“They are so nervous, they can’t play, they can’t release [or] feel their feelings freely like any other child over the world,” she says.
“So we are working with them. We have space all over the centre, they can run, they can play, they can express their feelings freely.”
Children participating in a remedial English class at the Spafford Children's Center
As important as play is, remedial education and therapy takes centre stage. Students are given extra help in mathematics, Arabic and English, with class numbers kept at around one to four students, depending on their individual needs. These courses are combined with speech and occupational therapy, rounding out what the centre calls “a comprehensive approach to the child’s needs”.
Australia’s own Anglican Overseas Aid (AOA) has been supporting the centre’s speech therapy program since 2009 through its strategic grant program, funded entirely through donations from the Australian public. The grant helps pay the salary of a qualified speech therapist as well as some of the upkeep for the centre.
Dr Dajani explains that the speech therapy program mainly works around articulation problems, lack of vocabulary, stammering and children who are too shy to speak at all. It’s intensive, she says, but the results are “on the whole good”.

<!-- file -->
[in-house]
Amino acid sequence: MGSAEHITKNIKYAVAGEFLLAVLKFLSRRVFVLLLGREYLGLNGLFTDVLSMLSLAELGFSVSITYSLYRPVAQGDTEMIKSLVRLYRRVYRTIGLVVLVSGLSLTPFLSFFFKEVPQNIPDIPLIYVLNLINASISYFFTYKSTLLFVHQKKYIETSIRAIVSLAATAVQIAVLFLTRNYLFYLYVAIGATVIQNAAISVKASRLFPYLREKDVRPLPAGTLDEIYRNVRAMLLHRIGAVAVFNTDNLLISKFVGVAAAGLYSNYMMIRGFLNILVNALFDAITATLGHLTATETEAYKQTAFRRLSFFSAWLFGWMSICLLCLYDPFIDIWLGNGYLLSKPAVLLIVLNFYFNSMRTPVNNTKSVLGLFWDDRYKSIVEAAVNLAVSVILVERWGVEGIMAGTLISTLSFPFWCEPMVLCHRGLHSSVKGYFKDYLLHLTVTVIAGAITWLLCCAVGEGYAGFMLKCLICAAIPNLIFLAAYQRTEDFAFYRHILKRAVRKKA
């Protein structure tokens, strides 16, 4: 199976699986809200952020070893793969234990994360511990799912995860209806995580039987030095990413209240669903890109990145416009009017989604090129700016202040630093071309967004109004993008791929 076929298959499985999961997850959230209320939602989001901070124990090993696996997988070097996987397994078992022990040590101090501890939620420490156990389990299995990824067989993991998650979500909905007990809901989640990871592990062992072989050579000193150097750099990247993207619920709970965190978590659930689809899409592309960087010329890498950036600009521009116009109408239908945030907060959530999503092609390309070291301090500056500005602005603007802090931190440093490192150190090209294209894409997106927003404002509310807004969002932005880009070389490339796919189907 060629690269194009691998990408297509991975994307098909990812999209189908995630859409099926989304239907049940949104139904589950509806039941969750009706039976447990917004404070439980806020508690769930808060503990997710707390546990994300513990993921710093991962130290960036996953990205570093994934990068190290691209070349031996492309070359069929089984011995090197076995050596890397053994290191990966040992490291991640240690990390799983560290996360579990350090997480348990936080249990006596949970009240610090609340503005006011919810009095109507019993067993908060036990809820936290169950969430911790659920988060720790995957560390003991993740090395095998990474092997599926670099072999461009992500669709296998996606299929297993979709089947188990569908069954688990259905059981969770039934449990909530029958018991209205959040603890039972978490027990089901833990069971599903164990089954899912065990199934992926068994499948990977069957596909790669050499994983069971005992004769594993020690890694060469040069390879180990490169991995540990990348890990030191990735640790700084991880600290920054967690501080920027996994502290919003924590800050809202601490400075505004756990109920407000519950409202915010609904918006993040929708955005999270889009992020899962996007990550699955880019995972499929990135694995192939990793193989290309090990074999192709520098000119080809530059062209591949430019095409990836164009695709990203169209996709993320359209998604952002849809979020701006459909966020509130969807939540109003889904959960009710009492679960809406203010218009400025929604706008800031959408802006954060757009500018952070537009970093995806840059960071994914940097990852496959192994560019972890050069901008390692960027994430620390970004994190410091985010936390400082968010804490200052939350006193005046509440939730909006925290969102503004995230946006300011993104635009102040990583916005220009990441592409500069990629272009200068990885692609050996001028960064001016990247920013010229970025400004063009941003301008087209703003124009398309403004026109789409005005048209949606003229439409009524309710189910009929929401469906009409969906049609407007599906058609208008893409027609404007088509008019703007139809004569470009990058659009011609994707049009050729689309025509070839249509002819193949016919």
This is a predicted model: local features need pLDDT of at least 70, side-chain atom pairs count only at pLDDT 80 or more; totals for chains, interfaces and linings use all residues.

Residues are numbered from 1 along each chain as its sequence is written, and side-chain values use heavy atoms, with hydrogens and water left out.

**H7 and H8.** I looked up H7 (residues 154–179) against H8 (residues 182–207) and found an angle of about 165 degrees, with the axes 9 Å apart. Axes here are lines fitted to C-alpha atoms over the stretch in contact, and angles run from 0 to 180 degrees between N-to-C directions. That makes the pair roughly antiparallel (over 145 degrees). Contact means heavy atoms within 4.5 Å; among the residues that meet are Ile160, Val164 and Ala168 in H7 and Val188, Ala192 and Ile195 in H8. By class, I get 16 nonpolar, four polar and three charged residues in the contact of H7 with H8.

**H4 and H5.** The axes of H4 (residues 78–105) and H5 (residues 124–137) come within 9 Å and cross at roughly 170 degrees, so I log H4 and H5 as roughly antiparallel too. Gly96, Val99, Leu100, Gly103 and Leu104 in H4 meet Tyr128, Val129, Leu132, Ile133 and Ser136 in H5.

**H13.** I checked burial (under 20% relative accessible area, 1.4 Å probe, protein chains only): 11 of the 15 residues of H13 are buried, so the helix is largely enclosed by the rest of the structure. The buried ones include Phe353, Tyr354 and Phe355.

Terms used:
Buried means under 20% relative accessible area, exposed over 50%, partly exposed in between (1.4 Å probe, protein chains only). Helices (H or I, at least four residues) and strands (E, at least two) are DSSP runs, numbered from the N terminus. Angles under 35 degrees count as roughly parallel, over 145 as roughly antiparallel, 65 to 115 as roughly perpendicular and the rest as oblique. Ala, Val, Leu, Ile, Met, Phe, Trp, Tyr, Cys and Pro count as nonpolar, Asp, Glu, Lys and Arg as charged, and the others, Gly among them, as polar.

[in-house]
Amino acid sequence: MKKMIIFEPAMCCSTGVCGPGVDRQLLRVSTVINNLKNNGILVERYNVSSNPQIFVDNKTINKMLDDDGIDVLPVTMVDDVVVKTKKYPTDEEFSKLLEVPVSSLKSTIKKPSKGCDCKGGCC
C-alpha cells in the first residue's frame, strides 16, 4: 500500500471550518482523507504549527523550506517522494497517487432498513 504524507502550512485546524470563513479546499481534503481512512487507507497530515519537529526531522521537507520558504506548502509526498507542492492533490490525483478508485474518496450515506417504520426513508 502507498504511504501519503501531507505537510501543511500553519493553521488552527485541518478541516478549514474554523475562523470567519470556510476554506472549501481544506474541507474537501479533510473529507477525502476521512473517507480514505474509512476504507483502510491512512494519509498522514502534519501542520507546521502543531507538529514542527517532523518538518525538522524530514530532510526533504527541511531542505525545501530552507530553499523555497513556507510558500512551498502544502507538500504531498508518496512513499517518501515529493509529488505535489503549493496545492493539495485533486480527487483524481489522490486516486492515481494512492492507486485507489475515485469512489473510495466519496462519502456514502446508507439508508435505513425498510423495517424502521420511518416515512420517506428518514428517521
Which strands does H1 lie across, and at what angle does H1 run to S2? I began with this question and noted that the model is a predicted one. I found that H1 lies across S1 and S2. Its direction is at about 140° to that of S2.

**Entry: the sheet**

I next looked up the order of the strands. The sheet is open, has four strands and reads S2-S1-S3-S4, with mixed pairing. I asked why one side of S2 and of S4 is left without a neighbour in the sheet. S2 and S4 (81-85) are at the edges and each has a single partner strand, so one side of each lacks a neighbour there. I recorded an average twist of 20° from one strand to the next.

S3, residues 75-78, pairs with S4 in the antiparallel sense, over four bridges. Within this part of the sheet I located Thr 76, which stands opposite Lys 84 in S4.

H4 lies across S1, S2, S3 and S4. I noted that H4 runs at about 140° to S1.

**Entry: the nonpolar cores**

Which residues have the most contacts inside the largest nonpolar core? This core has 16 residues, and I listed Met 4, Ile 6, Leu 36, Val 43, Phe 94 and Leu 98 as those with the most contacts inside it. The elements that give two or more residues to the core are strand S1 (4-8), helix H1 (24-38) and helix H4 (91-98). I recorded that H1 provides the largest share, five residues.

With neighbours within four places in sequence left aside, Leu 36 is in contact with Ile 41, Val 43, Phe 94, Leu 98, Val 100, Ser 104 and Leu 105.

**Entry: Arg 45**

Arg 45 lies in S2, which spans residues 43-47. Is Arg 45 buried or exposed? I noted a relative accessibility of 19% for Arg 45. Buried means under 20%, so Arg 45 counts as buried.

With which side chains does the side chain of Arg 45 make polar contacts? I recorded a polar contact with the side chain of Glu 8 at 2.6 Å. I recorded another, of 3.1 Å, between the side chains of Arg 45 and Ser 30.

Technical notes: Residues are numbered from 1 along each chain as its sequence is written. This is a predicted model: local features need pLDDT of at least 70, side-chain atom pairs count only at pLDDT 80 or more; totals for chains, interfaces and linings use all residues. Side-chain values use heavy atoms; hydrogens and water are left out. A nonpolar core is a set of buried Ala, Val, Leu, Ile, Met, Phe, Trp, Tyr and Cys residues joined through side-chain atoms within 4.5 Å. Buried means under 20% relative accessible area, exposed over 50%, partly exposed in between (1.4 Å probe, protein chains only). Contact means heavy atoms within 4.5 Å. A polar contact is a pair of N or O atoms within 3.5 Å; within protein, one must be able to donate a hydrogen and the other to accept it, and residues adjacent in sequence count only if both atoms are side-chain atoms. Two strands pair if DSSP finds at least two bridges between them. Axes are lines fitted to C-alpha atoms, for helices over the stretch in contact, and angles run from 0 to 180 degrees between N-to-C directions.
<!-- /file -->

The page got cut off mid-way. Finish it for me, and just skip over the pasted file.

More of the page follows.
“We get [calls] from teachers and headmasters saying, ‘We thought this child should fail his class this year, but since he’s come to you he’s doing much better, so we’ll give him another chance for a year’. That’s the gratifying aspect of our work.”
Church and Community Engagement Coordinator at AOA Nils Von Kalm, who visited the centre last year, says it’s a privilege to be partnered with it.
“I distinctly remember the concern shown by the workers there when they were providing speech therapy for children traumatised by the current conflict,” he says.
“They dedicate their lives to provide hope and help for families experiencing suffering.”
Dr Dajani says this commitment to caring is what makes the real difference in the work the centre does.
“The teachers here are all taught, and must have, a love for children. Otherwise it doesn’t work,” she says.
“Some of the children start hating school because they always feel low and unappreciated and dumb. But here they bloom up because everyone is praising them, everyone is nice to them. That makes the difference.
“Once they start feeling that they can do things that they never could, they start also doing well in school because their self-esteem goes up and they feel happier.”
Despite the good work done by the centre, its future is not guaranteed. Over the years there have been many legislative pressures put on its operation, and numerous attempts by individuals and the Israeli Government to buy the historically-significant and strategically-placed building. International support is the only thing keeping the centre afloat.
“We have to always balance on what’s available,” Dr Dajani says. “With the world everywhere in a mess, especially here, and we are all fishing in the same pond … it is a problem.”
You can donate to the Spafford Children’s Centre by visiting Anglican Overseas Aid at www.anglicanoverseasaid.org.au